BOSTON - As Roman Catholics gathered yesterday for the beginning of Holy Week, the most solemn observance of the Christian calendar, priests across the country addressed sexual abuse scandals that have shaken the church and tainted some of its top leaders.
"Not much can shock us in today's world, but in the past weeks we've seen things, heard things and read things that we never would have dreamed of," the Rev. Raymond Mann told parishioners at St. Anthony Shrine in Boston, the city where the scandal erupted earlier this year.
In Denver, priests read aloud messages of apology and compassion from their archbishop. In Chicago and Palm Beach, Fla., parishioners were met by leaflets discussing the allegations.
In many churches, Palm Sunday sermons asked Catholics to take solace from the Easter story of faith's victory over suffering and evil.
"There's always trouble in the world, there's always evil," said the Rev. Fergus Healey, also speaking at St. Anthony Shrine. "But we should face our current situation with a sense of hope, because evil's not supposed to have the last say."
This year, the six-week celebration of Lent, which retraces the story of Jesus' crucifixion and resurrection, has been overshadowed by stories of the clergy's alleged sexual abuse of children and minors.
Revelations that the Archdiocese of Boston failed to remove priests accused of child molestation have been repeated in parishes across the country.
Calls have been growing for the resignation of Cardinal Bernard Law, leader of the Boston archdiocese, and each day seems to bring new reports of children betrayed by their clergy.
Law, who has addressed the crisis numerous times and repeatedly rebuffed calls for his resignation, did not directly speak to the scandal during services yesterday.
Around the country, however, many priests used the themes of suffering, frayed trust and redemption contained in the traditional Palm Sunday readings, to address the church's crisis.
"For American Catholics, this Lent has surely been an emptying and humbling experience," Denver Archbishop Charles Caput wrote in a letter read in the archdiocese's nearly 150 parishes. "The cross this Holy Week will have a deeper meaning for all of us."
Egan, while serving as bishop of the Bridgeport, Conn., diocese, failed to notify authorities of alleged abuse by priests and allowed them to continue working within the church for years, according to recently released documents.
"It is a time of great suffering for the church," Egan said. "The cry that comes from all of our hearts is that we never want to even think that such a horror may be visited upon any of our young people, their parents or their loved ones ... "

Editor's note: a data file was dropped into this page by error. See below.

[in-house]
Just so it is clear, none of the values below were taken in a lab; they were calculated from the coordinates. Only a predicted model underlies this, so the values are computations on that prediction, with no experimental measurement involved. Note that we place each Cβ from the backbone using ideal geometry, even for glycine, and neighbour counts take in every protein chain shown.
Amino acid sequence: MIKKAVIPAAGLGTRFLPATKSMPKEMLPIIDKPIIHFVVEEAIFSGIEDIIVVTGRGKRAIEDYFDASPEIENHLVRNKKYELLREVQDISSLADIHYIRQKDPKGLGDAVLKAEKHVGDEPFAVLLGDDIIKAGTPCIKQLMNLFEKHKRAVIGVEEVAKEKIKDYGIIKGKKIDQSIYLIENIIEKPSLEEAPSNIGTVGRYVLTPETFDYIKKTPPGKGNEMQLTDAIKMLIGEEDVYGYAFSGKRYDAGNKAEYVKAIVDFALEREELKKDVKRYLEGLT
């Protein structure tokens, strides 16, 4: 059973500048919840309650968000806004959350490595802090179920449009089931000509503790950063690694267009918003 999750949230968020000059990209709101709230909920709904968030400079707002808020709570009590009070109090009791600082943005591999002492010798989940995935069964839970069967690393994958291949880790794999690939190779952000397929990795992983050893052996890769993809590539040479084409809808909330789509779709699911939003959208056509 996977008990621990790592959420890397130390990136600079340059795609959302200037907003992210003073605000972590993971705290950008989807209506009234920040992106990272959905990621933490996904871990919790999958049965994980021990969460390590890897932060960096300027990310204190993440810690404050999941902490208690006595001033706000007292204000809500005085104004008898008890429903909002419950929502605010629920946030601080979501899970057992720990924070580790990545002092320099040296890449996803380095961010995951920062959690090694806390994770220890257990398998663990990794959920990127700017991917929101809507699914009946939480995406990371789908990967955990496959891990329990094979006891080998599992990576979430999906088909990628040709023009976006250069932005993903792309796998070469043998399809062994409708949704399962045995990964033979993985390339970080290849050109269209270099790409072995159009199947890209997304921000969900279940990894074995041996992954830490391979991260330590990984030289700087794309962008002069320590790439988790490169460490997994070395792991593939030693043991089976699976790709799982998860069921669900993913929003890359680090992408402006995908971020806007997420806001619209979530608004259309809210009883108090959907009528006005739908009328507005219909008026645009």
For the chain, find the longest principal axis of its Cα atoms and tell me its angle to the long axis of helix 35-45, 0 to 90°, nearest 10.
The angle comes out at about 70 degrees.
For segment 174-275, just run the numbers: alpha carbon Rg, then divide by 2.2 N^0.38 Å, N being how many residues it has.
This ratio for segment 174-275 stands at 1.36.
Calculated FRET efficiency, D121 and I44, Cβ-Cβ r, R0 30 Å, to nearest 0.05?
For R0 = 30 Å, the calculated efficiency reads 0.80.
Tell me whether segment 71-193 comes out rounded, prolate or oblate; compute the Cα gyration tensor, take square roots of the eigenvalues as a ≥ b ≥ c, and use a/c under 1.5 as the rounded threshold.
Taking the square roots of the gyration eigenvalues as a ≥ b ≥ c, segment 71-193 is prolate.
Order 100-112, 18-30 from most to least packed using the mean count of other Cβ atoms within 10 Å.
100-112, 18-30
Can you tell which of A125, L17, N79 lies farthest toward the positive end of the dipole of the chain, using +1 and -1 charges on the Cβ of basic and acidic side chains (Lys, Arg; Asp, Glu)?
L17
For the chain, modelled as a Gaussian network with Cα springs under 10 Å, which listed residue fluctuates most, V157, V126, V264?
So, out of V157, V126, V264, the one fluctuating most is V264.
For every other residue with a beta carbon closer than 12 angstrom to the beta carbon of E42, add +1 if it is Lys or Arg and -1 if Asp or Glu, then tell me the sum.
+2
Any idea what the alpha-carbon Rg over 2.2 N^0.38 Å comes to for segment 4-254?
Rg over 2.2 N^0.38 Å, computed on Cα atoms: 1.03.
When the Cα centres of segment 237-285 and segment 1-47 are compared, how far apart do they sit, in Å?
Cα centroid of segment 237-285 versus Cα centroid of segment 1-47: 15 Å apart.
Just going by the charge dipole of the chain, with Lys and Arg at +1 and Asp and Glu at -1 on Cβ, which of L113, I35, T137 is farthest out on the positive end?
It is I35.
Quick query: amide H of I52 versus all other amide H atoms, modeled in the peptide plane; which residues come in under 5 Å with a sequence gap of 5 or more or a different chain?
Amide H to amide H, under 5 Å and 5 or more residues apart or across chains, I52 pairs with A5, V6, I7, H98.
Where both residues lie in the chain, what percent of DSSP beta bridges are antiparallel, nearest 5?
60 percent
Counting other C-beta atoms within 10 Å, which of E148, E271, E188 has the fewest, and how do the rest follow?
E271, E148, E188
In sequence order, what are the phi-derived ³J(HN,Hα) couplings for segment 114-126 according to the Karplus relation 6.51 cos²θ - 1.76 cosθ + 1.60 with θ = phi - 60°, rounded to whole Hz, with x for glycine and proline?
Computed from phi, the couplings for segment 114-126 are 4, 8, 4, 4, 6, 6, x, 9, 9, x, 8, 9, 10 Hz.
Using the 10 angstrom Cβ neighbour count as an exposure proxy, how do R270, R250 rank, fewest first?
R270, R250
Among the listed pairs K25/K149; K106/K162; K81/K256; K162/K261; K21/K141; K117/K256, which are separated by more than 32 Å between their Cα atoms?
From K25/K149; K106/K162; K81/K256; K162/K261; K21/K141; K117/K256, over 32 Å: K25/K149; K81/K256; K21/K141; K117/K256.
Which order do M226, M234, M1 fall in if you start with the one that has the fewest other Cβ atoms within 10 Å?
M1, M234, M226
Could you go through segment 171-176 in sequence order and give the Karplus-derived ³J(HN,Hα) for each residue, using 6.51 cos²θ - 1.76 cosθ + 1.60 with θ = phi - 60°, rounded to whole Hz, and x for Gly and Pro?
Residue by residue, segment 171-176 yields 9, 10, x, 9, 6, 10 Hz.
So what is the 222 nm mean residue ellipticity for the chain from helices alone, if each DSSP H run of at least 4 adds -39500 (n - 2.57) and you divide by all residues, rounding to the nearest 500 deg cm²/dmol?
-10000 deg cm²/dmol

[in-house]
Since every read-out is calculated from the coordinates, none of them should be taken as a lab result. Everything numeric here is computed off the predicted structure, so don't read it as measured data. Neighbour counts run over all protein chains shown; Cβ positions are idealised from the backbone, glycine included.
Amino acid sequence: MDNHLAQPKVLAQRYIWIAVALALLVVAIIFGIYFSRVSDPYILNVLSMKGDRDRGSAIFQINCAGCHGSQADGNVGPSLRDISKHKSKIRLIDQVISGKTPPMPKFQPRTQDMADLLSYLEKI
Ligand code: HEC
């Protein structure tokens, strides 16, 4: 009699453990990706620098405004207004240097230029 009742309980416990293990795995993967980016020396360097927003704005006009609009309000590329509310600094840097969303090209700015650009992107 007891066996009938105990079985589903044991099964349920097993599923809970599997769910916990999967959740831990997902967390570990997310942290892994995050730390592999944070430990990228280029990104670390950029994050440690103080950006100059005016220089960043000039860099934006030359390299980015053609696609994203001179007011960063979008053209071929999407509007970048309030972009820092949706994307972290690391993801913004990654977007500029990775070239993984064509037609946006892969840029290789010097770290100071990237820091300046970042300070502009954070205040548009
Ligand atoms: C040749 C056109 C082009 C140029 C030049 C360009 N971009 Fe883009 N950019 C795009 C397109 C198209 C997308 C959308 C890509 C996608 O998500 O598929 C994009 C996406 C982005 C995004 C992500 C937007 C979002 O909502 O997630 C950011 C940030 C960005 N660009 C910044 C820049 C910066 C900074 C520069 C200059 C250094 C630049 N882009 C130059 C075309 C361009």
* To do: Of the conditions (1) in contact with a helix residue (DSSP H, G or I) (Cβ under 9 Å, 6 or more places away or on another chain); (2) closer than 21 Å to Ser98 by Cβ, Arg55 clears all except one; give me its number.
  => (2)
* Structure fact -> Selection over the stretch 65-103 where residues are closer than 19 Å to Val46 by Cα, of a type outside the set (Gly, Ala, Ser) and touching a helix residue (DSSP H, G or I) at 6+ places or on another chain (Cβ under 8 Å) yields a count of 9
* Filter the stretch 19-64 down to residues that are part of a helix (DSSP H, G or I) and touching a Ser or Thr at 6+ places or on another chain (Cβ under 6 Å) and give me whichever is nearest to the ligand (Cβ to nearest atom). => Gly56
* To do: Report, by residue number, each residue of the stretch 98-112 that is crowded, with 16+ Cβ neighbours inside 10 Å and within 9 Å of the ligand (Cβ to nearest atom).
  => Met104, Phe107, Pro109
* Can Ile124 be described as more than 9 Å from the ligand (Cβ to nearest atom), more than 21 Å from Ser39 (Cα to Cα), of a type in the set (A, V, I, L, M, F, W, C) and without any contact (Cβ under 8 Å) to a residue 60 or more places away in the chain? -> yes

In Hartford, Conn., Archbishop Daniel Cronin said a small number of priests throughout the United States had caused "immense harm and scandal."
"Let it be said frankly that this action is immoral and reprehensible and can never be excused," he told several hundred people gathered at St. Joseph's Cathedral. "These priests have hurt those they abused and caused scandal to the faithful of the church."
In Salt Lake City, the Rev. Joseph M. Mayo reminded parishioners that Jesus "stood against abuse of all kinds, especially the abuse of children who suffered as we live through this terrible crisis in our church."
The priests' words come three days after Pope John Paul II broke his silence on the scandal, saying it cast a "dark shadow of suspicion over all the other fine priests who perform their ministry with honesty."
The clergy molestation scandal exploded in Boston in January after newly released documents revealed that former priest John J. Geoghan had been moved from parish to parish following accusations of sexual abuse.
Since then, the archdiocese has provided prosecutors with the names of approximately 80 priests accused of sexually abusing children over the past 40 years. Dozens of priests - out of more than 47,000 nationwide - have been suspended or forced to resign.
Although many Catholics were chagrined to hear the sexual abuse allegations discussed during the holy services, they acknowledged that something needed to be said.
"It's important to let people know that the world is not coming to an end," said Michael Kaminski, 25, who attended a service in Jackson, Miss., where Bishop William Houck spoke of a need for prayer and solidarity.
"Easter is coming, a time when flowers bloom and everything is renewed," Kaminiski said. "We're going to get through this."